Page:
Light spots on the fronds indicate aphids. If this infestation is recognized in time, a vigorous showering of the fronds can eliminate the pests. A mixture of 30 ml of soft soap, 30 ml of spirit and 1 liter of water, with which the fronds are sprayed vigorously from above and below, is also helpful. Otherwise, a pesticide containing neem oil will help drive away the aphids. The aphids themselves do not endanger the palm tree so dramatically. However, they can cause soot as a result, the black coating of which causes the mountain palm to die off.
Another plague that can trouble mountain palms are scale insects. These are so tiny that they themselves are not recognizable, at most the 5 mm shield they build around themselves to protect themselves. These can be recognized on the trunk and branches because they form small brown bumps. Scale insects feed on the sap of the mountain palm, which does not initially harm them. However, if the population increases, the palm is threatened. Natural and biological means are then no longer of any help, because the shield reliably protects the pests. The use of systemic pesticides is then unavoidable, because these make the plant sap toxic for the aphids, causing them to die.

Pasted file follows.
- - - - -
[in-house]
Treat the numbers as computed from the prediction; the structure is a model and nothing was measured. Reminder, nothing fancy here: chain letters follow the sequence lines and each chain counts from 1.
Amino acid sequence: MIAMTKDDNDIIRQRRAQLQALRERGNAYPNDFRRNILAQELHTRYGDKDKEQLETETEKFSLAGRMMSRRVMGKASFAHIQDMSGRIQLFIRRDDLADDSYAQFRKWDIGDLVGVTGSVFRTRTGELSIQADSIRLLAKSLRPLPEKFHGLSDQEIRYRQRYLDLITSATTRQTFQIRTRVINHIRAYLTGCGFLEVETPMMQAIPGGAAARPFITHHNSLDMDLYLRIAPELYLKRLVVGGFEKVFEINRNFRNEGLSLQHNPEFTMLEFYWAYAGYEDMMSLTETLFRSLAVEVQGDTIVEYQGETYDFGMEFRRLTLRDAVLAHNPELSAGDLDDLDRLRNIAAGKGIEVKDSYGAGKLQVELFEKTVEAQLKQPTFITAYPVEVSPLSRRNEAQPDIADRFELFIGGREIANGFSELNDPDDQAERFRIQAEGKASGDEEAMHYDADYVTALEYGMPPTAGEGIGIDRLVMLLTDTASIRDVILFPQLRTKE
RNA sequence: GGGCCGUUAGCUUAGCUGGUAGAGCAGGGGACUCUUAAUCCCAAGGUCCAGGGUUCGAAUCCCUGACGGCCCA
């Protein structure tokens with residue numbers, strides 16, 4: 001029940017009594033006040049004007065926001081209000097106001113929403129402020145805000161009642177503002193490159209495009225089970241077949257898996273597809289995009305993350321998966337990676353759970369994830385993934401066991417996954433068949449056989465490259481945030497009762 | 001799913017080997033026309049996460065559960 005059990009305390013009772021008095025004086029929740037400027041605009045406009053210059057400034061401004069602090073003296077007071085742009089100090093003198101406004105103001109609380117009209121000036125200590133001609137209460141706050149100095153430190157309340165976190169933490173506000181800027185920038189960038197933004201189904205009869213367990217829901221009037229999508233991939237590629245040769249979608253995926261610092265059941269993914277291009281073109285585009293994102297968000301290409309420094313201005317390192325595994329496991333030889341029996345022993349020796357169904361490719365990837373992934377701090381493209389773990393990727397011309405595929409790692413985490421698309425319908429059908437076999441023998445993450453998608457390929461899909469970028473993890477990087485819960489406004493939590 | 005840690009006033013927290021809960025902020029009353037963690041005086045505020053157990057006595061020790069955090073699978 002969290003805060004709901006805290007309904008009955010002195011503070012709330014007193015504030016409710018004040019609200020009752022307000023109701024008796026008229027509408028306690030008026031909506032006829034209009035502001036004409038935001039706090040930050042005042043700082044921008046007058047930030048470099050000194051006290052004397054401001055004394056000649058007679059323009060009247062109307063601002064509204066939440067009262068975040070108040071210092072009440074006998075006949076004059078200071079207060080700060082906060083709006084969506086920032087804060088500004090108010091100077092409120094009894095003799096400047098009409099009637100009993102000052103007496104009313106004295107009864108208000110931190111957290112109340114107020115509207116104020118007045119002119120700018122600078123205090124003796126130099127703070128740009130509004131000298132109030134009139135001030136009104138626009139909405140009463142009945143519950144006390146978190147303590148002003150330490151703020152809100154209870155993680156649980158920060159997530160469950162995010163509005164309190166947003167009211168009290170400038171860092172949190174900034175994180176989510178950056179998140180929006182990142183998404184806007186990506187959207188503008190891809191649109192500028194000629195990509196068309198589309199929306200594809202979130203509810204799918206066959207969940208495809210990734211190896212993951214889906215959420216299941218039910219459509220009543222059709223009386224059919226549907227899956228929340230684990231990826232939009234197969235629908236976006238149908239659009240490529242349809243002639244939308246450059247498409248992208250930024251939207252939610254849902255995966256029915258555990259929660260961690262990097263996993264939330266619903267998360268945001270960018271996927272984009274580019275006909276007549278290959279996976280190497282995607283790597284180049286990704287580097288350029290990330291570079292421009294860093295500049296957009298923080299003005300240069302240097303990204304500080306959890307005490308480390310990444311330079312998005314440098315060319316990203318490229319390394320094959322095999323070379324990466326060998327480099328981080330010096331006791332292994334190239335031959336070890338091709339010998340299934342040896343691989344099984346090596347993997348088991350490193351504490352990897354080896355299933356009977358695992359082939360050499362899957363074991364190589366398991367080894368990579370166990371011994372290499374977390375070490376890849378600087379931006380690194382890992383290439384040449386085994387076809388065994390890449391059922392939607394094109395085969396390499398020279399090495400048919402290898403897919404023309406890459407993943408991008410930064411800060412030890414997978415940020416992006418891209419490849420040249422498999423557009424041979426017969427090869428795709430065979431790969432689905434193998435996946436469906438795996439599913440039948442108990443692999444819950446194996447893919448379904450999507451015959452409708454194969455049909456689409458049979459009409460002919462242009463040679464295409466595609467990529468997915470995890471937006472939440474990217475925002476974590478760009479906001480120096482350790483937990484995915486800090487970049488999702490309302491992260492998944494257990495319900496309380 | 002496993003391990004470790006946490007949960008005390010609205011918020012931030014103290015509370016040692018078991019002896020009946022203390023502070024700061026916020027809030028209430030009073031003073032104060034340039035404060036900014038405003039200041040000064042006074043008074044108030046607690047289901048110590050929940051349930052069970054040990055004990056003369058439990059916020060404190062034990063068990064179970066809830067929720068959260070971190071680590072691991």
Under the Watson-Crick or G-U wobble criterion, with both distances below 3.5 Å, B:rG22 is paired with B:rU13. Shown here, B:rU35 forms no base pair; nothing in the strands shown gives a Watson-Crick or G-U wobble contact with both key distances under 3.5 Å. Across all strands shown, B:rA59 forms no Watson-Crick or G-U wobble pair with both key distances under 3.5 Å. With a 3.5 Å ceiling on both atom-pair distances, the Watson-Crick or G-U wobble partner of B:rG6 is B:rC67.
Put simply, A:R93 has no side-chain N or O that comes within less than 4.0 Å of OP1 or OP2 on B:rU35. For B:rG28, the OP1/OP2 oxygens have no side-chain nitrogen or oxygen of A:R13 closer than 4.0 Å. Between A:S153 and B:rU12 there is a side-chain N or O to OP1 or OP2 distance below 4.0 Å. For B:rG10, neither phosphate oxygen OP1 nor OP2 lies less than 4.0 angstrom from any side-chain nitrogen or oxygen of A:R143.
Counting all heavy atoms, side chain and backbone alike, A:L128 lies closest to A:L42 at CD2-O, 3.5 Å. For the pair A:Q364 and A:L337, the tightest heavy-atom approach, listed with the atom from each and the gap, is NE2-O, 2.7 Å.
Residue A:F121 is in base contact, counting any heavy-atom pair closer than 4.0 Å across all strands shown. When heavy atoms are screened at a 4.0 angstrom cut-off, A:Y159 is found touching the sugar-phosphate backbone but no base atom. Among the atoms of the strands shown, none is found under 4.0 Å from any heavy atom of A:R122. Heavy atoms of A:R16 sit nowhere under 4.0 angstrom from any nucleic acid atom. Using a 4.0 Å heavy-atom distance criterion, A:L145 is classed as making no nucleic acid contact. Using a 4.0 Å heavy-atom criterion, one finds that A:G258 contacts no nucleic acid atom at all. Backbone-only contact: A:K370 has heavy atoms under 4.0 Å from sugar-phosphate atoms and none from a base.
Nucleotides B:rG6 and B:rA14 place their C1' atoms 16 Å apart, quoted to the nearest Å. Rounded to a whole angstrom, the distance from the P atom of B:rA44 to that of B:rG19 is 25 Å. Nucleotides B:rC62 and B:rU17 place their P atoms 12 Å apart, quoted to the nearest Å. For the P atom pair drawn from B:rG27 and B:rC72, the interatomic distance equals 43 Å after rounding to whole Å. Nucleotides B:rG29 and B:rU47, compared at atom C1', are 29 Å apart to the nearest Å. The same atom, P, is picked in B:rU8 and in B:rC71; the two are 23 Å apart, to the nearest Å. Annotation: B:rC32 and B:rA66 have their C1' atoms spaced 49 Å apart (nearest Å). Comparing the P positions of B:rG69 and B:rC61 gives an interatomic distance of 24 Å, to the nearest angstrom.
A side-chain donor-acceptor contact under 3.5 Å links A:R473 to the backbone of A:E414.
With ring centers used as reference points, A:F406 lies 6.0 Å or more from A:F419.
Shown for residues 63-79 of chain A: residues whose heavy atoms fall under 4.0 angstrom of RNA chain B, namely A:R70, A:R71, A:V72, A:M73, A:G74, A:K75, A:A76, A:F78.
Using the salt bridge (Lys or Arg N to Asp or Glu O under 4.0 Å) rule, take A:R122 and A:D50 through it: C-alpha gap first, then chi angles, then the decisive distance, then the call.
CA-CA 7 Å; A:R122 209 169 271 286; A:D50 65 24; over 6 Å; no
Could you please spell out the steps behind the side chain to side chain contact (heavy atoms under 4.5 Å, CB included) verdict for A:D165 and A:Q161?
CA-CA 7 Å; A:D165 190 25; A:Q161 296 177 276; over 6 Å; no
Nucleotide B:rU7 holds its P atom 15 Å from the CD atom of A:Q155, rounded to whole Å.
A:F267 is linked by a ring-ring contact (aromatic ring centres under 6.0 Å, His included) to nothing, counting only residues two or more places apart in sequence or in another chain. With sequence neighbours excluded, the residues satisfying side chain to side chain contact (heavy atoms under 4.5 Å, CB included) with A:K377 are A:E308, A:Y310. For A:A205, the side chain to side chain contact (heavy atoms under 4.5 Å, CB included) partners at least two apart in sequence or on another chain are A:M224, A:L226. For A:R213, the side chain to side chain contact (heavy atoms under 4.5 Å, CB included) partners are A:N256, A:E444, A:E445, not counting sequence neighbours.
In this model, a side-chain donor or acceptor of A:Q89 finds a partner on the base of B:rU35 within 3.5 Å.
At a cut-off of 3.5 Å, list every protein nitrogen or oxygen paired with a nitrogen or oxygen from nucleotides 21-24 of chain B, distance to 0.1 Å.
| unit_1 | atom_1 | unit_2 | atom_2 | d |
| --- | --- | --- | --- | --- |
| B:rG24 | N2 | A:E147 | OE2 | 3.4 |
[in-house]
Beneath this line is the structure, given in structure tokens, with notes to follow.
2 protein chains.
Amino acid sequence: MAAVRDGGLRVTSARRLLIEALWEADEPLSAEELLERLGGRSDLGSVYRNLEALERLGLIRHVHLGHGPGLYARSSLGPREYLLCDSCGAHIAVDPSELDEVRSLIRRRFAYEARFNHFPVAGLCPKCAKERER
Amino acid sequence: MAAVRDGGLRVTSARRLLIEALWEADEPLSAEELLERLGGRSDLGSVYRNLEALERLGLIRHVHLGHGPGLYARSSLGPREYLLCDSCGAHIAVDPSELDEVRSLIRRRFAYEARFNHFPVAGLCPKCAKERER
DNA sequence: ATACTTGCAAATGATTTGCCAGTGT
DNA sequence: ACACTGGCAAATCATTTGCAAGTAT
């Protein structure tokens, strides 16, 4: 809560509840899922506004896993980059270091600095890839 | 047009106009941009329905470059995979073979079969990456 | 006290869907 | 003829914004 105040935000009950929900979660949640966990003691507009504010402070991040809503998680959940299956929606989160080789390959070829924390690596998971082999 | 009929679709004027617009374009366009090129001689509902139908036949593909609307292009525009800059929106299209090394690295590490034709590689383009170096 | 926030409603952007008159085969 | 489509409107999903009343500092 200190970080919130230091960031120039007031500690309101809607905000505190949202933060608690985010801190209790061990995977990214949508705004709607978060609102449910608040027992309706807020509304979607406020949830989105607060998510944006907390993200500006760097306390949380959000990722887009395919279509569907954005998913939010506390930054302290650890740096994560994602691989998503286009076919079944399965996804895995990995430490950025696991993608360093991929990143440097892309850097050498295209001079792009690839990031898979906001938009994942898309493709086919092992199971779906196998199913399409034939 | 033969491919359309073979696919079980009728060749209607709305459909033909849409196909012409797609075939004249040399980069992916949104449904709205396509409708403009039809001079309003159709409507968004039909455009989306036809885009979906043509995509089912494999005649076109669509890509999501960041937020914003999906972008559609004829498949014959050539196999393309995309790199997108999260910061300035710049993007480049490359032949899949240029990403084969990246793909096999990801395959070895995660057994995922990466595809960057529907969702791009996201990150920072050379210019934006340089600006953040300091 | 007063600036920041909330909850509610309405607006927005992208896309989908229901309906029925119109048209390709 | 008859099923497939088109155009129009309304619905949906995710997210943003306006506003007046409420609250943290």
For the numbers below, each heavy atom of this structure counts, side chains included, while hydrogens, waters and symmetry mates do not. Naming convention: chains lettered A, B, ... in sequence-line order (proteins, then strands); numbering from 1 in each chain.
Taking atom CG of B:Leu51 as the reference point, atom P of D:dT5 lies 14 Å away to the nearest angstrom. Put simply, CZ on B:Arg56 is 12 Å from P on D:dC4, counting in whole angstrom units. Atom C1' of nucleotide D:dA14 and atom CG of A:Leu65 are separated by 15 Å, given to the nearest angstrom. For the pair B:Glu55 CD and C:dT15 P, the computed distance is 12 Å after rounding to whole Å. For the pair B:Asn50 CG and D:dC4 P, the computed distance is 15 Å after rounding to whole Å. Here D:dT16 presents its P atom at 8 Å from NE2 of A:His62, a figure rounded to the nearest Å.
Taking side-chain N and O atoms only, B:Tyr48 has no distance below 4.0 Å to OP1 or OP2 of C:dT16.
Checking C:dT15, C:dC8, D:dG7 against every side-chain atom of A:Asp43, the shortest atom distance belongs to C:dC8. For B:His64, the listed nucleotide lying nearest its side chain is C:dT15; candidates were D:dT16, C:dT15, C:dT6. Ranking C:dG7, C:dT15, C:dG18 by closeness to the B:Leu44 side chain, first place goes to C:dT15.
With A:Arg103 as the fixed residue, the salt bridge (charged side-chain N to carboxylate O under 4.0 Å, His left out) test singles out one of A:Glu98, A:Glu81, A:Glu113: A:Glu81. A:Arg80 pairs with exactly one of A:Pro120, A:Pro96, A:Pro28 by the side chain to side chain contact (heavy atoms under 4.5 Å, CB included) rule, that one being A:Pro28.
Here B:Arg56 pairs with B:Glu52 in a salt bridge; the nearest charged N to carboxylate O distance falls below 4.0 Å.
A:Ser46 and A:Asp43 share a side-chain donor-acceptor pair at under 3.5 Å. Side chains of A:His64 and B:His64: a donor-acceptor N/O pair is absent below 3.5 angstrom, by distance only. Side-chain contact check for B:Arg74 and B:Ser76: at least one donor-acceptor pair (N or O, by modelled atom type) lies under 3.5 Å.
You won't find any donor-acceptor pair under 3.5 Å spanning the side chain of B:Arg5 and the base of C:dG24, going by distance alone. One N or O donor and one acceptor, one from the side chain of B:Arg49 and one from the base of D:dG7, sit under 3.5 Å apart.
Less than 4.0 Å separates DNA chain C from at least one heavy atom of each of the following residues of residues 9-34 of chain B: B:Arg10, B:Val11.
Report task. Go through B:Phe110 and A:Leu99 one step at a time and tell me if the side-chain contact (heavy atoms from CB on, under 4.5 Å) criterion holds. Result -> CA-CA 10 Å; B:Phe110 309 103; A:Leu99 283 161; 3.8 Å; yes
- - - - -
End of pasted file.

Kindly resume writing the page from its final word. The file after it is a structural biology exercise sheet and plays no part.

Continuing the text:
Anyone who assumes that snails only appear on plants in the open air is mistaken. No matter how carefully selected and mixed the substrate, it can contain snail egg deposits. The snails feel particularly comfortable in plant pots that receive plenty of water and are quite warm, as is the case with the mountain palm in summer. Because these little animals are nocturnal, they are not initially noticeable. Only when the eaten leaves are visible can their presence be detected and combated. Just a few grains of slug pelletsput an end to the heist and save the mountain palm from these ravenous troublemakers. Incidentally, snails with a shell are rarely dangerous for the mountain palm. Because they are easy to spot, it is easy to collect them and there is no need for any other means.
Repotting rarely required